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Once a year, music educators consider how to engage in Black History month as a learning opportunity for all. It typically shows itself in posters, videos, and classroom conversations.
Black students in our classes need representation in their music education, and all students need to see the whole color wheel. Music classes provide a unique window. When introducing contributions of Black artists in popular music genres, you could cull from any guitarist/bass guitarist on this list: Joan Armatrading, George Benson, Chuck Berry, Elizabeth Cotten, Arianna Giddens, Jimi Hendrix, Robert Johnson, Stanley Jordan, B.B. King, Led Belly, Curtis Mayfield, Memphis Minnie, Meshell Ndegeocello, Odetta, Wes Montgomery, Prince, Esperanza Spalding, Sister Rosetta Tharpe,Thundercat, Muddy Waters…
And then there are the producers. Quincy Jones, Berry Gordy, Gamble & Huff, Holland-Dozier-Holland, Nile Rodgers, Jimmy Jam and Terry Lewis, Dr. Dre, Ashford & Simpson, Nile Rodgers, Sean “Diddy” Combs…
It’s a challenging theme to navigate without falling back on stereotypical arenas – pop genres like blues, soul, gospel, R&B, jazz, hip-hop, reggae… while ignoring Black contributions in the classical realm.
We also need to be careful in telling the stories of artists who were marginalized, oppressed, or exploited. In telling the story of Black artists, we should characterize them as victors, not victims.
But representation shouldn’t simply be about helping Black students see performers and producers who look like them – musicians who paved the way in the world of performing arts. Representation should also be about helping these students see themselves in a variety of music professions, where they, too, might be a pioneer.
And that’s where representation cuts across all fields. The music industry needs Black representation in management roles. And Black students need to see a possible future in the field of publishing.
Students may feel called to be an agent, or promoter. An archivist or librarian.
We might also inspire more of them to become music educators.
Black students need to know about people like Katina Bynum, Executive VP of East Coast Labels, Bosco, Founder of Slug Records, and Ray Daniels, Senior VP A&R, Warner Records, CEO of RAYDAR Management.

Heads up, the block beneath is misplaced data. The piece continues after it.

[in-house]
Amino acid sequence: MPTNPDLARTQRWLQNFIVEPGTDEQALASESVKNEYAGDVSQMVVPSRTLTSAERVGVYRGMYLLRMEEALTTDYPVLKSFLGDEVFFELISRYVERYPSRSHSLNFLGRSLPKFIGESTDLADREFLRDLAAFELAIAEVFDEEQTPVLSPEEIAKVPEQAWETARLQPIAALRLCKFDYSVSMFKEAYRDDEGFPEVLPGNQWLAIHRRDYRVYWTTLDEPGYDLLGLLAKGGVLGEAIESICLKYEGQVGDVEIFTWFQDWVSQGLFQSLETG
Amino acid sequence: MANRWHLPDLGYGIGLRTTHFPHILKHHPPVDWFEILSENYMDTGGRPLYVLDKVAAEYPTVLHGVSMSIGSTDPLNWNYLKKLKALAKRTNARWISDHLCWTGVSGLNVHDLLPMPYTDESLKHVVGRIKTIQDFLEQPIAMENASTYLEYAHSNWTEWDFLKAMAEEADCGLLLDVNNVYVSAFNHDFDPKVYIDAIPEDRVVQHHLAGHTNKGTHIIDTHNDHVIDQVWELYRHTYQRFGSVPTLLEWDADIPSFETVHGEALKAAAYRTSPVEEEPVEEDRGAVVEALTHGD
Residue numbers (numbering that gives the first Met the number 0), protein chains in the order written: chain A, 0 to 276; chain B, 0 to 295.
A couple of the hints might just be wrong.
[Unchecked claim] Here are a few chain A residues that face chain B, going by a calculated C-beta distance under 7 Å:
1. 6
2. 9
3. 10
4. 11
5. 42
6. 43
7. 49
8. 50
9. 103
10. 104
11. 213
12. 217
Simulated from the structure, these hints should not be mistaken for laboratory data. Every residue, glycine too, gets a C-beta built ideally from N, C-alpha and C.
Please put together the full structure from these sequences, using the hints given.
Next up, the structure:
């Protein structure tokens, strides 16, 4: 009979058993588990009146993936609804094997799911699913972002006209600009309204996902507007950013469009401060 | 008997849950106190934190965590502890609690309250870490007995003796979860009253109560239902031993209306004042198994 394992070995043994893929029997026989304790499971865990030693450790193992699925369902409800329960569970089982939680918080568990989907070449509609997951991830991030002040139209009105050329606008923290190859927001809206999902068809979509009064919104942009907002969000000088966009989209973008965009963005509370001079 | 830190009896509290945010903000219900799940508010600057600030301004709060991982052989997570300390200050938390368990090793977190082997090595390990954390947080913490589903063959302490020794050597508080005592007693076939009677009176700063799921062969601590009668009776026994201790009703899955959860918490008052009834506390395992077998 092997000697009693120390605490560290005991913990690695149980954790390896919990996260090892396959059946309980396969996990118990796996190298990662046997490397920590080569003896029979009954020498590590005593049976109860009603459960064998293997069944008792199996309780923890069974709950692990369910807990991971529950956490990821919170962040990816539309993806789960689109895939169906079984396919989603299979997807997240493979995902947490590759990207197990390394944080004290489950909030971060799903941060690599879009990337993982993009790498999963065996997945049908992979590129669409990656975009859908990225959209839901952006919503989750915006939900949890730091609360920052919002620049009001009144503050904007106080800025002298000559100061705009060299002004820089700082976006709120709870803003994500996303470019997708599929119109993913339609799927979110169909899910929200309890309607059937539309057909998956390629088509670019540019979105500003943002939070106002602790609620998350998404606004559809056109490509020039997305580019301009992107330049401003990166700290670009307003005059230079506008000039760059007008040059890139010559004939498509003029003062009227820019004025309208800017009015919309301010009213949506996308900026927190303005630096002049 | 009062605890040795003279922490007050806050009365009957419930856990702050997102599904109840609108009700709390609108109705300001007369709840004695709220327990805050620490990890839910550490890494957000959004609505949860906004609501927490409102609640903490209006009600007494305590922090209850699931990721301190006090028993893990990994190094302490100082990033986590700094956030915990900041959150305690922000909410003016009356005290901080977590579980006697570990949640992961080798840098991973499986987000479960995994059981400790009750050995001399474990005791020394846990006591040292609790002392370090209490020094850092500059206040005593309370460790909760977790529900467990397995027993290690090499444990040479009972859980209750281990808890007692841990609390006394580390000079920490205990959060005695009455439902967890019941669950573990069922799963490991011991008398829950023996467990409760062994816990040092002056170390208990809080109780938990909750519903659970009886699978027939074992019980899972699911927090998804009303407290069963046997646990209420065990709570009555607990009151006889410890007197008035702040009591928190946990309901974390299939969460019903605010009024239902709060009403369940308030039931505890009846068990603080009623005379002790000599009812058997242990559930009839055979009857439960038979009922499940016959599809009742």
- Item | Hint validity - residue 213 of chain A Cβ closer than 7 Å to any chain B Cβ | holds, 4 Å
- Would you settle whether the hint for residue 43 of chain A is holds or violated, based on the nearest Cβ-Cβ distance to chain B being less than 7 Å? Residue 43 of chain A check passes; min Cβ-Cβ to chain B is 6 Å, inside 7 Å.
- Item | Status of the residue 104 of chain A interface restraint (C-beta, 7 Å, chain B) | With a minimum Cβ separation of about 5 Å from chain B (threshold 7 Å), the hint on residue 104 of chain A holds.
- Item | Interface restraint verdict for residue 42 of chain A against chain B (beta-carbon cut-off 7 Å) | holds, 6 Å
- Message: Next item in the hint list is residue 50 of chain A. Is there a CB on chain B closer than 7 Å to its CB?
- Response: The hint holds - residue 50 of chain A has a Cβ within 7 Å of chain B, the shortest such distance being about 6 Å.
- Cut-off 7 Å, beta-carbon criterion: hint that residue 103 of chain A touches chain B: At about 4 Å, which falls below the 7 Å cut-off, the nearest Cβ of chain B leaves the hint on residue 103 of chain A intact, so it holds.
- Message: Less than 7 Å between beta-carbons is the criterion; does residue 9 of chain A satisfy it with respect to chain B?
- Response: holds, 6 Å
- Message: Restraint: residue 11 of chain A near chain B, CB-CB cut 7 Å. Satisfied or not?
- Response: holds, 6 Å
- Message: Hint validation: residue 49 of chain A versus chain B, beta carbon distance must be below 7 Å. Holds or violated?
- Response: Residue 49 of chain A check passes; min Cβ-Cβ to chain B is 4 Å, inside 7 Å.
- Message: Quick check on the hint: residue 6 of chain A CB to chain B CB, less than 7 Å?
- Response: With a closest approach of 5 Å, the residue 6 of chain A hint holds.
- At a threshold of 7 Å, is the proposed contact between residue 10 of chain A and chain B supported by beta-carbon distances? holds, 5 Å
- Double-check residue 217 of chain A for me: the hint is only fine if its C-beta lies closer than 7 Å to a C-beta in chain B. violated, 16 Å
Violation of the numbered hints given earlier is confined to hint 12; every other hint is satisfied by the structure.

Understanding Black history is important, but it’s one side of the coin. We need to address Black future.
How? By initiating conversations with our colleagues on arranging panel discussions for our students, led by local industry experts. Or working with our high school college/career centers on organizing an industry-specific career fair that helps students, particularly Black students, find paths to this future – paths that begin with strategies and goals that lead to a successful high school experience, but do not end there.
We make our classroom more welcoming, inclusive, and engaging for Black students. We set goals for higher graduation rates, and pat ourselves on the back for seeing more Black students walk the stage on high school graduation night.
But high school music education should not be a world unto itself where students learn how to successfully get to their senior year. There are many ways to pursue a rewarding musical life in the professional world. And if a change is gonna come, it’s going to need more than the next generation of artists. We need to help inspire and prepare them for a world that needs their participation and leadership. It’s one thing to have a place at the mike. It’s another to have a place at the table.
Don’t just take it from another old white music educator. Fiona Aber-Taruona, Operations Manager at Printworks, says it best and with more authority in this October 21st piece from an October Vice Media Group.
In this month’s Academic news, Marques L. A. Garrett, Assistant Professor of Music in Choral Activities at the University of Nebraska–Lincoln, issues a warning about Black History fall-backs and stereotypes.
This month I hand over the Artist Features to Fabi Reyna who has an eye on the future.
Our Library recommends a terrific book on Black music – tracing connections from Africa to America.
And check out Trade Publications to learn what Guitar Gabby has to say about the importance of learning guitar history.